Daughter ‘living proof’ of Eighth’s value

Catherina O’Sullivan, a psychiatric nurse, from Tralee, Co Kerry, says her daughter is “living proof” that the Eighth Amendment should be retained.

Ms O’Sullivan is one of more than 130 nurses and midwives who came together in Dublin yesterday to call on the public to vote no in the referendum on May 25.

“Had there been an abortion clinic in Kerry, had there been a doctor handing out pills in Kerry, I could have easily had an abortion and told nobody,” she said.

“I did not have an abortion, I had a baby. A child is the greatest gift that life has ever given me and I was so close to not accepting it. In Britain, and in other jurisdictions, women like me don’t think twice. Because it is normal. It is the done thing. It is what is expected of you.”

She fears that Ireland is very close to importing that culture that says life is not a gift, it is a problem.

To go down this road would be a horrendous, horrific mistake. I am somebody who came very close to having an abortion. I was a teenager and I was vulnerable.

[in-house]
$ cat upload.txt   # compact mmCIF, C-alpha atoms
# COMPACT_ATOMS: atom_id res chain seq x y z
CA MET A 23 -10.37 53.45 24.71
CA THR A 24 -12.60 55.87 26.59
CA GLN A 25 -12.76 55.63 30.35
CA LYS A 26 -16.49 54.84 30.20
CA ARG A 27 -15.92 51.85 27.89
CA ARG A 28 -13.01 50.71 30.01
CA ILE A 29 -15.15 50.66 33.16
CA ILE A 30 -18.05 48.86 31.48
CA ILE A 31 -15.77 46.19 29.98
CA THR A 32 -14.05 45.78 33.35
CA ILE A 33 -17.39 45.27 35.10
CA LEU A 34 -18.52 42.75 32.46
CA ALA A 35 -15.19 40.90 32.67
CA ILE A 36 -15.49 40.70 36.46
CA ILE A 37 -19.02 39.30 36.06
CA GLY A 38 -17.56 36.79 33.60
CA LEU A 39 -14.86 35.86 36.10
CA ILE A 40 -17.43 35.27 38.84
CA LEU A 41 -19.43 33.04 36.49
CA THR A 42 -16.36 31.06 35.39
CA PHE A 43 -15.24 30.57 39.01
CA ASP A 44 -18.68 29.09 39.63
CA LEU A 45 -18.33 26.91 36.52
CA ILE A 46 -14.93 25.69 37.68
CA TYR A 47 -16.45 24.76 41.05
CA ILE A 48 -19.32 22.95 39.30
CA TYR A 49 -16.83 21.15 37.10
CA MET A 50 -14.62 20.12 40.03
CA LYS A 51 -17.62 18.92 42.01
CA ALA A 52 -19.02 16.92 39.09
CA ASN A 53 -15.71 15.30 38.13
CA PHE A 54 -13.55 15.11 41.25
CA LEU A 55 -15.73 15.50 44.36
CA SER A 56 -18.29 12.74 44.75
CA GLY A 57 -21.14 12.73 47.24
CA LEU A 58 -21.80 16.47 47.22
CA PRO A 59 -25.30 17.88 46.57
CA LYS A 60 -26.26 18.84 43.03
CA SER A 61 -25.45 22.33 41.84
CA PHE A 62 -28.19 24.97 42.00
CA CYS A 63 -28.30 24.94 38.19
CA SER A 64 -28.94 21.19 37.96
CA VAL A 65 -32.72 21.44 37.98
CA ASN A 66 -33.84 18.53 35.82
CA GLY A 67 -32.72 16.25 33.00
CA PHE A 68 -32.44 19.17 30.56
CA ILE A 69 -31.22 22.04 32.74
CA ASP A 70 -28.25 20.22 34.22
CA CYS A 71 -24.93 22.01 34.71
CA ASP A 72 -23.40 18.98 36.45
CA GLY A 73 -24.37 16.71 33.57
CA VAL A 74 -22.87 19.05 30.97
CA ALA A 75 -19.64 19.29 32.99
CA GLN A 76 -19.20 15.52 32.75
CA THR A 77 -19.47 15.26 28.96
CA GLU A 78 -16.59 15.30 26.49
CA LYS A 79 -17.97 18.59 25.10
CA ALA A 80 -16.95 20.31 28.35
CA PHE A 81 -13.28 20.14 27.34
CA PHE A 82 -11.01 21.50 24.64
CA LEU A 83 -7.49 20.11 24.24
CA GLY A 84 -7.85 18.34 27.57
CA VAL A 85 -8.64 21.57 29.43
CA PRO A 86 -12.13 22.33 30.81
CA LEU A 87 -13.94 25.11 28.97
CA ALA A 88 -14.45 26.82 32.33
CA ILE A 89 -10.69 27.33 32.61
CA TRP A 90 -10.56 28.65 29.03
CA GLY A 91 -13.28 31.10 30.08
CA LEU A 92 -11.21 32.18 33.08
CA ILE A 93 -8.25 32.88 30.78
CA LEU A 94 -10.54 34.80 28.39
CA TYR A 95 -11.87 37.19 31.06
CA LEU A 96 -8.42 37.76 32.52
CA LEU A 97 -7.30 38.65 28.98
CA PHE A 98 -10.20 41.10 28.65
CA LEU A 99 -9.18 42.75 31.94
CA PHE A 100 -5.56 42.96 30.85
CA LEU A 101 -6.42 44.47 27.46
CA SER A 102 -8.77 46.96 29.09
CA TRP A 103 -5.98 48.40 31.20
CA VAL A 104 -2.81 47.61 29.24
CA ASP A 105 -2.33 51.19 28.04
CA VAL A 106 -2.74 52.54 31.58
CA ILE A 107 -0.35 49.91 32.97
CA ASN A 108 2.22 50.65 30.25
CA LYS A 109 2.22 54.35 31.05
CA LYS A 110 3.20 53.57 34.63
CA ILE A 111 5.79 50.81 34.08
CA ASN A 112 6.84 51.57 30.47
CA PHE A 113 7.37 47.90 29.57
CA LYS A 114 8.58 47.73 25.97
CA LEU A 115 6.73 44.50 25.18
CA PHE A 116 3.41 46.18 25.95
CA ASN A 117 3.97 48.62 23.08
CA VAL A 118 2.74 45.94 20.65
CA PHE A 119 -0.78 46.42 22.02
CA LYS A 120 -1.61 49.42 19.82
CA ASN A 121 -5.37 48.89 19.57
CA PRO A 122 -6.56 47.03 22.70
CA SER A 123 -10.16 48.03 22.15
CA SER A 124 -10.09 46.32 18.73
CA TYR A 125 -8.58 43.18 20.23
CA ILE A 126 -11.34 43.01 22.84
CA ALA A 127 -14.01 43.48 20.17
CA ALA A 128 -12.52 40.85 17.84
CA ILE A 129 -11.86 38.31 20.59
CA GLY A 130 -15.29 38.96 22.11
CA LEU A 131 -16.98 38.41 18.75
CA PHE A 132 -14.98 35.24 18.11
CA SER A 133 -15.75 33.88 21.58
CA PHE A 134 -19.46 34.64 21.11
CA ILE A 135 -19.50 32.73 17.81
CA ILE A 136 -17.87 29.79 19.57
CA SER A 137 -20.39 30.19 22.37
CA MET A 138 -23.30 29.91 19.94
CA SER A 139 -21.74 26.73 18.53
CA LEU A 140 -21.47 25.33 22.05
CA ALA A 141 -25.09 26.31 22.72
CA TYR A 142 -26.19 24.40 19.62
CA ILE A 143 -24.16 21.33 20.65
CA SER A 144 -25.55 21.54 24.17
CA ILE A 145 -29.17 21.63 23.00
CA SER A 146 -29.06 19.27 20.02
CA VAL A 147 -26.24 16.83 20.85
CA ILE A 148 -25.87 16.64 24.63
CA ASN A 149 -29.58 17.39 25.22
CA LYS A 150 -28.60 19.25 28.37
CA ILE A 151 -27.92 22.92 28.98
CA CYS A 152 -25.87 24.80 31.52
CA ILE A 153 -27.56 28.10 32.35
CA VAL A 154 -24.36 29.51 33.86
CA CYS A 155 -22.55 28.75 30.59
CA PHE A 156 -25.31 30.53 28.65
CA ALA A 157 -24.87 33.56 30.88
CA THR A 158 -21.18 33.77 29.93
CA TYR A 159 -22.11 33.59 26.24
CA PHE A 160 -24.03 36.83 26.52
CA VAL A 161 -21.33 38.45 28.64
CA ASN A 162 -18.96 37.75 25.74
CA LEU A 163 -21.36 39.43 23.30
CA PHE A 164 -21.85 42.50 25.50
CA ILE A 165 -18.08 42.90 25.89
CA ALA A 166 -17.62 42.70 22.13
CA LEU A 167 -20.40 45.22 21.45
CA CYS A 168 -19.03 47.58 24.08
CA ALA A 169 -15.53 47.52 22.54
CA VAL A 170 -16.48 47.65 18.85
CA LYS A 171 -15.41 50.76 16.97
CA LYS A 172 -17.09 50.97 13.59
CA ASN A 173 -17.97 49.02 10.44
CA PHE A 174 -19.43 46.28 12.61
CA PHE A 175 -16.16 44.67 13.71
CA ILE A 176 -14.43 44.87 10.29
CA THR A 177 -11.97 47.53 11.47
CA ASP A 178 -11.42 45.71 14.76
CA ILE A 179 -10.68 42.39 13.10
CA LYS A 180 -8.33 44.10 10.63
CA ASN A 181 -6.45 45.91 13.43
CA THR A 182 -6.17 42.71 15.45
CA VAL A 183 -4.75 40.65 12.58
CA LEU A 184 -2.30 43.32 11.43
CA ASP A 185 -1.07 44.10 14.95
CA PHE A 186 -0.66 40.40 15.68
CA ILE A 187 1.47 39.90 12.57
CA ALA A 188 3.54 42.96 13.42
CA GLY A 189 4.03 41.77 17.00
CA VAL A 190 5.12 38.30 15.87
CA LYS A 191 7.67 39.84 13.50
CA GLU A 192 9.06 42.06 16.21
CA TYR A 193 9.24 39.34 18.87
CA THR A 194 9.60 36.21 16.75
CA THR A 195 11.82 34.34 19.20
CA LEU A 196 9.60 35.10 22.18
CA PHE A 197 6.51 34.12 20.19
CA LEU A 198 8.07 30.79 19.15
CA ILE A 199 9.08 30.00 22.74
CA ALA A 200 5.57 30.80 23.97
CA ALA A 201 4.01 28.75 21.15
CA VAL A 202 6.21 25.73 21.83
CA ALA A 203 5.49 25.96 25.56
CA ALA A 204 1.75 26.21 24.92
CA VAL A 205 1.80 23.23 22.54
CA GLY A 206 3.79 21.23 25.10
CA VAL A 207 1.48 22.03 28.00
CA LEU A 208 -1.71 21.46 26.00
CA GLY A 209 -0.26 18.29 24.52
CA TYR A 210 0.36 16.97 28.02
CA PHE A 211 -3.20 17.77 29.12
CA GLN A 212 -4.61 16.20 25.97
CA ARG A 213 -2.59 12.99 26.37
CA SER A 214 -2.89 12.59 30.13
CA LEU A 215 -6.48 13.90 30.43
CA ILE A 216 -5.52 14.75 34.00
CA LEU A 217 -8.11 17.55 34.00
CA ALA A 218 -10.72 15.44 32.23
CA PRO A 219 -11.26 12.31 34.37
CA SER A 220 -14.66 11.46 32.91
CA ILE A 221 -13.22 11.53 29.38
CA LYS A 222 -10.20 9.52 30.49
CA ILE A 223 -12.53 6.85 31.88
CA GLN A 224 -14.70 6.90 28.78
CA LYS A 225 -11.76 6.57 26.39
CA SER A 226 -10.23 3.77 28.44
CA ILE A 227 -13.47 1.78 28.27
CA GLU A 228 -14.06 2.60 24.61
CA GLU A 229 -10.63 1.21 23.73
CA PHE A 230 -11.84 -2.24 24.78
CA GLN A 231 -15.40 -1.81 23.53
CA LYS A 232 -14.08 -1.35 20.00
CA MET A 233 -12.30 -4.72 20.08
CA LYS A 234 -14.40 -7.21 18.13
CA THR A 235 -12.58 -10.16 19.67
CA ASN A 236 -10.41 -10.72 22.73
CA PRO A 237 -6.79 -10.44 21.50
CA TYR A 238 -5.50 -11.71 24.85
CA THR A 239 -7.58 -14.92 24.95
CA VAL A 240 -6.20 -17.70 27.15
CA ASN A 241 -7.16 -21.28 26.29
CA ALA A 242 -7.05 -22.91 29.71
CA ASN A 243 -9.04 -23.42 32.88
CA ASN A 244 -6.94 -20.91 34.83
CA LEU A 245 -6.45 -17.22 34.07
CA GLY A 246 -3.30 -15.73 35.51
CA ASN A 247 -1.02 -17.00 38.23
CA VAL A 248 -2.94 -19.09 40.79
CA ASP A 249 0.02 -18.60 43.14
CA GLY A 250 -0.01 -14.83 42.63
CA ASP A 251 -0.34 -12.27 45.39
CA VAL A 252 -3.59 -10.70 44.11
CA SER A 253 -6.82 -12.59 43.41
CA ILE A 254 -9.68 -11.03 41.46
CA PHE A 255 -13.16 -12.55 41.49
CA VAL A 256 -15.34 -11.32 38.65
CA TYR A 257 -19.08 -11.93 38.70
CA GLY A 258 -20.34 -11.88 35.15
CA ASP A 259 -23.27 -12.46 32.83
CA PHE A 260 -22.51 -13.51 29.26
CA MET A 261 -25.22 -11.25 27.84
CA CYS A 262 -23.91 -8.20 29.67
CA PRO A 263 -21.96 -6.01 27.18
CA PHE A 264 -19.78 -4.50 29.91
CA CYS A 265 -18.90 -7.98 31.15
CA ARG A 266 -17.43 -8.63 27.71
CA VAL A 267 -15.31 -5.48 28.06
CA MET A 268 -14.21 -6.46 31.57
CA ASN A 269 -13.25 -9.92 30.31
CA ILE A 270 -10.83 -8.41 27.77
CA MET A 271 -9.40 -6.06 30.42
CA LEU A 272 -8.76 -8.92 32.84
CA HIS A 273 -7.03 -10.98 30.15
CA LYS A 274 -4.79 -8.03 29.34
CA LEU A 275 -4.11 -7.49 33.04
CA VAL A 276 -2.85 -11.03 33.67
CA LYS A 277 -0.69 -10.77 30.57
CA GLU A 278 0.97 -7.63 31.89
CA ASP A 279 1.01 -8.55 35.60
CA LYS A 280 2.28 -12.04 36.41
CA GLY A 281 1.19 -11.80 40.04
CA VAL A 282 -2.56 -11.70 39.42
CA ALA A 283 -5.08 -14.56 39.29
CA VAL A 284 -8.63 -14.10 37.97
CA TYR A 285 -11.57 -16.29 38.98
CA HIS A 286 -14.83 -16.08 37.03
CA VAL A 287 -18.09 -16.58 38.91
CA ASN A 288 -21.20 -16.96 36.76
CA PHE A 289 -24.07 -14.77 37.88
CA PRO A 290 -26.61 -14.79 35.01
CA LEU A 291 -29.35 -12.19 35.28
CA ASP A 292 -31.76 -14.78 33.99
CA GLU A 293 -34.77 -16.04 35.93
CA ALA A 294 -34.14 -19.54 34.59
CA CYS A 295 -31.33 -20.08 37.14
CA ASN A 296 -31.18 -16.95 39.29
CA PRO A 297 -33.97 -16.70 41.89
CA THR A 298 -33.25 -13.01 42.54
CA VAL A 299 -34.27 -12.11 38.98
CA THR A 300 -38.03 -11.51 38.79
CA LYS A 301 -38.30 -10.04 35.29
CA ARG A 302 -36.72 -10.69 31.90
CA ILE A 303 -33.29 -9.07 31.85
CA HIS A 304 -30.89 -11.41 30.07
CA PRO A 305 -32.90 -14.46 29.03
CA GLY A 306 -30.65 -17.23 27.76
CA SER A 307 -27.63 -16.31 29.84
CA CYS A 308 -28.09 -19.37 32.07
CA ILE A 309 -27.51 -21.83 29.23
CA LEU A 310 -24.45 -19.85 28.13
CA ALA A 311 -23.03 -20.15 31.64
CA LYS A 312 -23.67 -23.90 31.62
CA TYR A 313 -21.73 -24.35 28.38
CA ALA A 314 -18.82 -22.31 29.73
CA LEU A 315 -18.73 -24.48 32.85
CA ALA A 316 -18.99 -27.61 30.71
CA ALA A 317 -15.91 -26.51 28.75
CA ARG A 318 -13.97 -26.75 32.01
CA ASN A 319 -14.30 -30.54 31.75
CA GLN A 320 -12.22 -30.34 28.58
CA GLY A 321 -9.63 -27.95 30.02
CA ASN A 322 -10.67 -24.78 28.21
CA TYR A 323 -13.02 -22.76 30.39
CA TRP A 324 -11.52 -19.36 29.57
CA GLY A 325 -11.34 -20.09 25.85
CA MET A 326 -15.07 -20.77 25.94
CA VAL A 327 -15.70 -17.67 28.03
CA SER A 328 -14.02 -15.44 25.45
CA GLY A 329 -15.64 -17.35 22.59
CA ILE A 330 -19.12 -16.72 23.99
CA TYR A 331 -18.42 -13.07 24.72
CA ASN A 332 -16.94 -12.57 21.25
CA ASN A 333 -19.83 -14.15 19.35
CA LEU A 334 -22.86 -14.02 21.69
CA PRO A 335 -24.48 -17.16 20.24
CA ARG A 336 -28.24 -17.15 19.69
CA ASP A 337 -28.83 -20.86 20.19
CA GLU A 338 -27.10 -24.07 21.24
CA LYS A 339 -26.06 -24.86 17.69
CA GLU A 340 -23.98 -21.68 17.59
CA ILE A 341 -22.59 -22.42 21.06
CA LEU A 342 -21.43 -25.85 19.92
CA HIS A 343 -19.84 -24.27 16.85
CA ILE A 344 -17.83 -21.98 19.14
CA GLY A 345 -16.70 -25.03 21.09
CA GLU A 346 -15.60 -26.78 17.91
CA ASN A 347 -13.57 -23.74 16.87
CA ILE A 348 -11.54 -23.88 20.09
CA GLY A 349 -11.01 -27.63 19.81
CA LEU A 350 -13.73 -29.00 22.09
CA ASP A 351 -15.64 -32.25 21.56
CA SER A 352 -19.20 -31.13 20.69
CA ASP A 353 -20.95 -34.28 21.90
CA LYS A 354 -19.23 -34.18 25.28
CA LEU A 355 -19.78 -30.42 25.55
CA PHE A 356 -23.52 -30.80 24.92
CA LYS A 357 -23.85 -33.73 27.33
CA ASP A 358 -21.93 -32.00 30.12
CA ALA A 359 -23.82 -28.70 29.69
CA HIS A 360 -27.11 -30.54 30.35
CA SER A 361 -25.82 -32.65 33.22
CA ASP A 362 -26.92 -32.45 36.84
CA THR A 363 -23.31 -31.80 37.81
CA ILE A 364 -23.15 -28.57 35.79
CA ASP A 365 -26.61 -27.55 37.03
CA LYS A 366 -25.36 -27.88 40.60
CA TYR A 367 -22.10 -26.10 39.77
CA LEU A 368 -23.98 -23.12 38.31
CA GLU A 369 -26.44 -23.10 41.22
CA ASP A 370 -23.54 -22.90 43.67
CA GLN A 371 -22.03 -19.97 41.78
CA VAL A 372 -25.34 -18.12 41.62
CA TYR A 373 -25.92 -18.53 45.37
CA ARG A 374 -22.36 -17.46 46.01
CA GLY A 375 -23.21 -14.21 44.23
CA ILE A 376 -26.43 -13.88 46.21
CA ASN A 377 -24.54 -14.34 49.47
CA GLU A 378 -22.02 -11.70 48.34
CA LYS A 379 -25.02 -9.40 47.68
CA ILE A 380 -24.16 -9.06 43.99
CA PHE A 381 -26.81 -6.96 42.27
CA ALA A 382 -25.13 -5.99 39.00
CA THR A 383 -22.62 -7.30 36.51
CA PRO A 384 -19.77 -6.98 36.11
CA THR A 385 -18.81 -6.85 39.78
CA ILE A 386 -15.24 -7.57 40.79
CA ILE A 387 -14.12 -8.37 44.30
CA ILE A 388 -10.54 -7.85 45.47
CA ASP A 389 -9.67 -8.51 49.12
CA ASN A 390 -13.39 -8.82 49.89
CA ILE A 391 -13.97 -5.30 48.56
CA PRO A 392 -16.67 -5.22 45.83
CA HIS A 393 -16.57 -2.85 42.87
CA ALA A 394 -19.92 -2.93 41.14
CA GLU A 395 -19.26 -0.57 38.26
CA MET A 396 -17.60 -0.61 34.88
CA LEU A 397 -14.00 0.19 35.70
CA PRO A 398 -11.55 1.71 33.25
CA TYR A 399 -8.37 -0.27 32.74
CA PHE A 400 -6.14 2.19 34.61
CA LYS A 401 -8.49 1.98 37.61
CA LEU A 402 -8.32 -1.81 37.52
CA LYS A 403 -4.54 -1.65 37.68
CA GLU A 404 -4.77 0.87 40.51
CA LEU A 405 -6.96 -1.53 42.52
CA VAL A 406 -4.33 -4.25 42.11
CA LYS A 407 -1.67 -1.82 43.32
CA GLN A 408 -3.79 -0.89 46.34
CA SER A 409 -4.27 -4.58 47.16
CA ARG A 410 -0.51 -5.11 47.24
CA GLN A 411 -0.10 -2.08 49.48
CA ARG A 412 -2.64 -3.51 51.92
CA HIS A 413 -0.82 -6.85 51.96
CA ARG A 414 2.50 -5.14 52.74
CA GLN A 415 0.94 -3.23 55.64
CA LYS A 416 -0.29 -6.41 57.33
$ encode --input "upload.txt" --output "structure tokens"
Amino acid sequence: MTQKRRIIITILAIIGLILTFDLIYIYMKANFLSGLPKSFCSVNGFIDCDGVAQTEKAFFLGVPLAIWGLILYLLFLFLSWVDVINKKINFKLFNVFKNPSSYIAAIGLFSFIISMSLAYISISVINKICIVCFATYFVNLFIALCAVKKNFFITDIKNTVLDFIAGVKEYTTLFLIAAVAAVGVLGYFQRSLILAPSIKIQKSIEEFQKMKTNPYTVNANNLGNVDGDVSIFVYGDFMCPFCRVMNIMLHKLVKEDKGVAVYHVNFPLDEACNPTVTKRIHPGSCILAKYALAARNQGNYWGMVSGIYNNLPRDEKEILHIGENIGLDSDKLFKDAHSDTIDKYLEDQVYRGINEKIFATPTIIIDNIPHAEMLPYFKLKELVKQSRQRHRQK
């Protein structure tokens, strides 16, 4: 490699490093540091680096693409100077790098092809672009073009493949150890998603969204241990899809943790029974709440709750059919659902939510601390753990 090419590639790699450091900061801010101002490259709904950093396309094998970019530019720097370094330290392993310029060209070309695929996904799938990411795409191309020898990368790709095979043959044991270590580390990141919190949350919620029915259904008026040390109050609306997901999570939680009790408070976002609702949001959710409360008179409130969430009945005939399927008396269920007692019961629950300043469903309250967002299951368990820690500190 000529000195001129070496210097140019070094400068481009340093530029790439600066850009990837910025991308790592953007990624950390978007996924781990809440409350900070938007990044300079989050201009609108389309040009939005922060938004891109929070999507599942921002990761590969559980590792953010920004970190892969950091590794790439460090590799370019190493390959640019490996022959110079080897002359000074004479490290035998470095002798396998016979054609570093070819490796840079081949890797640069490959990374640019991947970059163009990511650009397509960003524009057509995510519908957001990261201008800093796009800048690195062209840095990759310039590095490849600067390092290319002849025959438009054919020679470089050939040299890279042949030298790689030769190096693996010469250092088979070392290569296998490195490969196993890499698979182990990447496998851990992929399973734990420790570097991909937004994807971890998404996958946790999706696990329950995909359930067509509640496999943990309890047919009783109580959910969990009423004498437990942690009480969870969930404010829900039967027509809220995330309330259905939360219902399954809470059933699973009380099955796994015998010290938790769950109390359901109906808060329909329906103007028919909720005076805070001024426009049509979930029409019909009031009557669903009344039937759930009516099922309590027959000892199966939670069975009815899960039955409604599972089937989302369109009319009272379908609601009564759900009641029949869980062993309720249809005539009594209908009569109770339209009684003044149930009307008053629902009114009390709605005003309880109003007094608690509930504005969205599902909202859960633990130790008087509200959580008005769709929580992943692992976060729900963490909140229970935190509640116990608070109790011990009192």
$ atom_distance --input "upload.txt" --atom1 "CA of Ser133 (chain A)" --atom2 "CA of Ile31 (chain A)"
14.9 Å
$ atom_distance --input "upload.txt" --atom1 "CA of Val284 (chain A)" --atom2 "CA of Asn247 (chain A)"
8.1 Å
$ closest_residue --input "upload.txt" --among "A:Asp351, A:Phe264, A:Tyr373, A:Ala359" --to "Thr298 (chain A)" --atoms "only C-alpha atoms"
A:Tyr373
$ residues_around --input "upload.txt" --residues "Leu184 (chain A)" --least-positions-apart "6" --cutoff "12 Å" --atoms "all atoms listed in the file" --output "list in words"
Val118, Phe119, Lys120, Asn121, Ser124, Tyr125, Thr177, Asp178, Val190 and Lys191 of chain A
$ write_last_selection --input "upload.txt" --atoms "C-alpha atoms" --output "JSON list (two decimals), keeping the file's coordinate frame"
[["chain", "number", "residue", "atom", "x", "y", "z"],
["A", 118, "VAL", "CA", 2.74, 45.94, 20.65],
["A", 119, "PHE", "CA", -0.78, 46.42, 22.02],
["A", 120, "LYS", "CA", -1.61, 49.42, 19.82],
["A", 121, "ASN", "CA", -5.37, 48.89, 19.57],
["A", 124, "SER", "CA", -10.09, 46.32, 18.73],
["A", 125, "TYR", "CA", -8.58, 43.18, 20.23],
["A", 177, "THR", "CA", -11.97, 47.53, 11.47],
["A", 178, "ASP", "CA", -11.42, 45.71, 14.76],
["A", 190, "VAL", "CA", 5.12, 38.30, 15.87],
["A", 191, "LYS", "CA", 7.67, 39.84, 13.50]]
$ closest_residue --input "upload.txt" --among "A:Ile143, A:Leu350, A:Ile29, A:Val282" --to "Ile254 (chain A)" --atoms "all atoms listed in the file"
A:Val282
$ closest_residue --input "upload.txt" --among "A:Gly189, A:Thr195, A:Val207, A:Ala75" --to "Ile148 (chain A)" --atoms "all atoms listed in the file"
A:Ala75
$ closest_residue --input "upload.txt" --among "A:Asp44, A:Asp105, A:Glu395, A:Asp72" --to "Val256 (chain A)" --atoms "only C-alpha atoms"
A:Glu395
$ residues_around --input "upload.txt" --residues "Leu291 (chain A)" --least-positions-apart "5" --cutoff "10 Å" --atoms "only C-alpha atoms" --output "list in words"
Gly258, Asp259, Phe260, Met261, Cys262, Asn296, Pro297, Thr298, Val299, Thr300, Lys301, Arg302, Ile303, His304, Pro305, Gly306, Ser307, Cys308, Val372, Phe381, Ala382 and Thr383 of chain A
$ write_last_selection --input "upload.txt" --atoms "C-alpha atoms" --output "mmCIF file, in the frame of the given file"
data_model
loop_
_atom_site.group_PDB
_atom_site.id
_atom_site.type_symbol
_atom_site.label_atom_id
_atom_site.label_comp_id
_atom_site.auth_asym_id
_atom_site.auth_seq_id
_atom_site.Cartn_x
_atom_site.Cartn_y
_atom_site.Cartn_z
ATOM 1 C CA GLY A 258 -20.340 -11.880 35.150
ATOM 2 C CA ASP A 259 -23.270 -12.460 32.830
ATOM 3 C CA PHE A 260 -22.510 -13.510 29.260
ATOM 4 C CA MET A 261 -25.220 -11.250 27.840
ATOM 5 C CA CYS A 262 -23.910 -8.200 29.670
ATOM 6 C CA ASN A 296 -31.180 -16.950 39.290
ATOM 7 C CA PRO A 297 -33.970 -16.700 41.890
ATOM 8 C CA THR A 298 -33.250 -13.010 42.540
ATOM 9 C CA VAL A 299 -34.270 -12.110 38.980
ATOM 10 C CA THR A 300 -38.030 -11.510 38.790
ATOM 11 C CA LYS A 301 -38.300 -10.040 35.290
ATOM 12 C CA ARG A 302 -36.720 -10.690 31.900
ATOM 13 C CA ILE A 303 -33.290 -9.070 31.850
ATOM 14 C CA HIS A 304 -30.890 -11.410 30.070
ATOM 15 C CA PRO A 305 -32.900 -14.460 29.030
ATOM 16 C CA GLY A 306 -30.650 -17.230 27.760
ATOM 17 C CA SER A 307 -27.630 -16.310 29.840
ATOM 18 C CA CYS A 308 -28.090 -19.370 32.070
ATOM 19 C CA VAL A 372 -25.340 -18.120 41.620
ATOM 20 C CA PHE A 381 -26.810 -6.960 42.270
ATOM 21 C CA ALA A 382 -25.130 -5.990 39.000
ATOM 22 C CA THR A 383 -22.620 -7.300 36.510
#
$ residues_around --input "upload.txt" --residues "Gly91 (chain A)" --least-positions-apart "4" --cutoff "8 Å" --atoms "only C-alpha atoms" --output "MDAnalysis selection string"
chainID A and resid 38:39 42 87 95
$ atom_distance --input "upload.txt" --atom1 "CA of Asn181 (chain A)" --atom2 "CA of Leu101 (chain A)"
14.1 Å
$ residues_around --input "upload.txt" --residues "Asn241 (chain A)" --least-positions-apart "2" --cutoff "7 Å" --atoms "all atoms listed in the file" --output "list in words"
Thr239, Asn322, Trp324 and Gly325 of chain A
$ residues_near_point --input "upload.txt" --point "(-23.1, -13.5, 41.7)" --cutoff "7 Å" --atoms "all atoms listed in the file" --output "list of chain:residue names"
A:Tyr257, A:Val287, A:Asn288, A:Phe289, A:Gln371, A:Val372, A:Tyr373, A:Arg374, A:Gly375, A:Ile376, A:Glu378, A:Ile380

“I listened to people tell me that my child would ruin my life and it would be easy to make the problem go away.

“If those people met my daughter today, I hope it would make them think that they would never advocate getting rid of her today — but they did back then.”

She said her crisis pregnancy influenced her career choice, because she knew how much support and care mattered to someone like her. “I learned the importance of being able to say to somebody that ‘you will get through this’. I did not want to hold someone’s hand and tell them that ending the life of their child is the right decision, because it’s not.”

Mary Kelly Fitzgibbon of Nurses for Life said that if abortion is allowed in Ireland, they will be required to pass the care to somebody who will facilitate the termination of pregnancy — and that would mean they would be co-operating in the act of abortion. “Because that is against our core belief of upholding the life of both the mother and the baby, we could no longer practice,” she said.

Marie Donnelly, a nurse from Co Kerry, said hospitals would have to give priority to ending lives, rather than saving them.

“Every surgical abortion will require somebody else to be bumped down the list.”

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